DOA Developing Rules Governing Community Development Block Grant Program

Over the past few years, responsibility for the state’s Community Development Block Grant (CDBG) program has shifted. The latest shift requires the promulgation of administrative rules to govern the program.

Each year the federal government makes approximately $6 million available to the state of Wisconsin for economic and housing development through a program known as the Community Development Block Grant Program (CDBG). The CDBG is governed under federal law, 42 USC 5301 to 5319 and 24 CFR Part 570, and is administered at the federal level by the US Department of Housing and Urban Development (HUD).

At the state level, administration of the CDBG funds has changed over the past few years. CDBG was originally administered by the Wisconsin Dept. of Commerce under Wisconsin Administrative Code Chapter Commerce 108. When the Dept. of Commerce was dissolved, the Wisconsin Economic Development Corporation (WEDC) was put in charge of administering the funds, which were received on behalf of the state by the Wisconsin Dept. of Administration (DOA). Since WEDC is a pseudo-agency, it did not need an administrative code chapter to administer the program, instead relying on internal policies that were modeled on the old code chapter Commerce 108.

DOA and WEDC recently determined that the expertise of DOA is better suited to administration of CDBG funds, while the expertise of WEDC is best suited to consultation with localities and businesses seeking to access CDBG funds. DOA and WEDC are in the process of formally transferring the administrative responsibility of CDBG funds to DOA. In order to legally administer the program, DOA must promulgate an administrative code chapter governing the program since DOA is a full agency, not a pseudo-agency like WEDC.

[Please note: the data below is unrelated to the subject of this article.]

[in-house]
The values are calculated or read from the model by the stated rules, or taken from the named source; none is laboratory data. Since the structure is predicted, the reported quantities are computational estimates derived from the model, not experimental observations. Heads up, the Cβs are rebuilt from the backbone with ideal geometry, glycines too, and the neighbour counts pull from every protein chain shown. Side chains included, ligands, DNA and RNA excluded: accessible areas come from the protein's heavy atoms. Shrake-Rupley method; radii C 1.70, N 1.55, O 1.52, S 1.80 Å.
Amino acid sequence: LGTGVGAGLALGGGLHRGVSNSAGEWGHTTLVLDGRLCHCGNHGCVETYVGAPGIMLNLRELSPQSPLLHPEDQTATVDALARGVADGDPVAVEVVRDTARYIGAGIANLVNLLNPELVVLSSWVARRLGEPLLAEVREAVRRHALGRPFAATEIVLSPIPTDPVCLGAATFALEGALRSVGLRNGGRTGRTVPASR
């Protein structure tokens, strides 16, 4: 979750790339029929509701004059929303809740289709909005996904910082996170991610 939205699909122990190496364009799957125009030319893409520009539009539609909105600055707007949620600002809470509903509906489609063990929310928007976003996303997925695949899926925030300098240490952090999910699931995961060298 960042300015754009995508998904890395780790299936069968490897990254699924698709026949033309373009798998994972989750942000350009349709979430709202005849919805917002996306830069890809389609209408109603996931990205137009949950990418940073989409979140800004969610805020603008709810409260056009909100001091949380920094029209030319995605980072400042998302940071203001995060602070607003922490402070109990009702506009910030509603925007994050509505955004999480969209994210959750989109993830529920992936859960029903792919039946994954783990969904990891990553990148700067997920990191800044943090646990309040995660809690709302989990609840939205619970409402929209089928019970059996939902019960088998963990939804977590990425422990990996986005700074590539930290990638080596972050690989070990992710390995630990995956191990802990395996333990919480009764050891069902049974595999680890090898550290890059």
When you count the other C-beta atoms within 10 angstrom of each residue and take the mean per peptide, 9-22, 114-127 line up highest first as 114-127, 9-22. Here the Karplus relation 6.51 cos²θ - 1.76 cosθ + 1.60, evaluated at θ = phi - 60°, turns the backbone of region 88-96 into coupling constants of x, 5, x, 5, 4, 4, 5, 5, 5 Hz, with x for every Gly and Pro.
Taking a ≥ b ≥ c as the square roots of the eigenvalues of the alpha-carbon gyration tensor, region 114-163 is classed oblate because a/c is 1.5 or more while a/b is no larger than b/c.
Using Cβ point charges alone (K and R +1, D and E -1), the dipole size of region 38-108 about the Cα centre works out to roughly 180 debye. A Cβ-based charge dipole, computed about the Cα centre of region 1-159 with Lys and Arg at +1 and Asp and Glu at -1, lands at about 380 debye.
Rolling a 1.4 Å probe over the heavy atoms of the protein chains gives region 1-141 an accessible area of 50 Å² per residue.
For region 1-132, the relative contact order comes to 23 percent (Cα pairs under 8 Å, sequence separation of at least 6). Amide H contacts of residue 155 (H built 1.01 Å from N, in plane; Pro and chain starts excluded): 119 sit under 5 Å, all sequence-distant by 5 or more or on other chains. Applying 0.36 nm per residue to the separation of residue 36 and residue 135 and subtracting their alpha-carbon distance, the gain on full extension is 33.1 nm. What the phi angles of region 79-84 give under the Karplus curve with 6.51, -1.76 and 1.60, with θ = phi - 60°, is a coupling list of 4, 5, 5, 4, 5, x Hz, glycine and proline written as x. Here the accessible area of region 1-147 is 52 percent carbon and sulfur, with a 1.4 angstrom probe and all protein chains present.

To this end, DOA has released an emergency (meaning temporary) rule, Admin. Code Ch. Adm 93, relating to the community development block grant program.

DOA’s plain language analysis of the rule says that the rule will:

  • Reconstitute many portions of the former ch. Comm 108.
  • Decline to reconstitute portions of ch. Comm 108 which added unnecessary confusion by duplicating federal regulations where reference to such regulations will suffice, such as the former ss. Comm 108.04, 108.07 and 108.14(1).
  • Decline to reconstitute portions of ch. Comm 108 which could vary from year to year, such as the table found in the former s. Comm 108.06.
  • Decline to reconstitute portions of ch. Comm 108 that add complexity to the code without adding meaning, such as point ranges found in the former s. Comm 108.10.
  • Such other changes as are necessary to comply with current HUD requirements, or which will otherwise increase the efficiency or effectiveness of the program and are allowed by HUD requirements.

The full text of the rule is available by clicking here.

DOA is also working on adopting a non-emergency (not temporary) rule to govern administration of the program for the foreseeable future. The current draft is identical to the emergency rule. DOA is currently accepting comments on the economic impact the proposed rule will have on businesses, local government units, public utility rate payers and the state’s economy as a whole.

Additional Information:
DOA CDBG Website
U.S. Dept. of Housing and Urban Development CDBG Website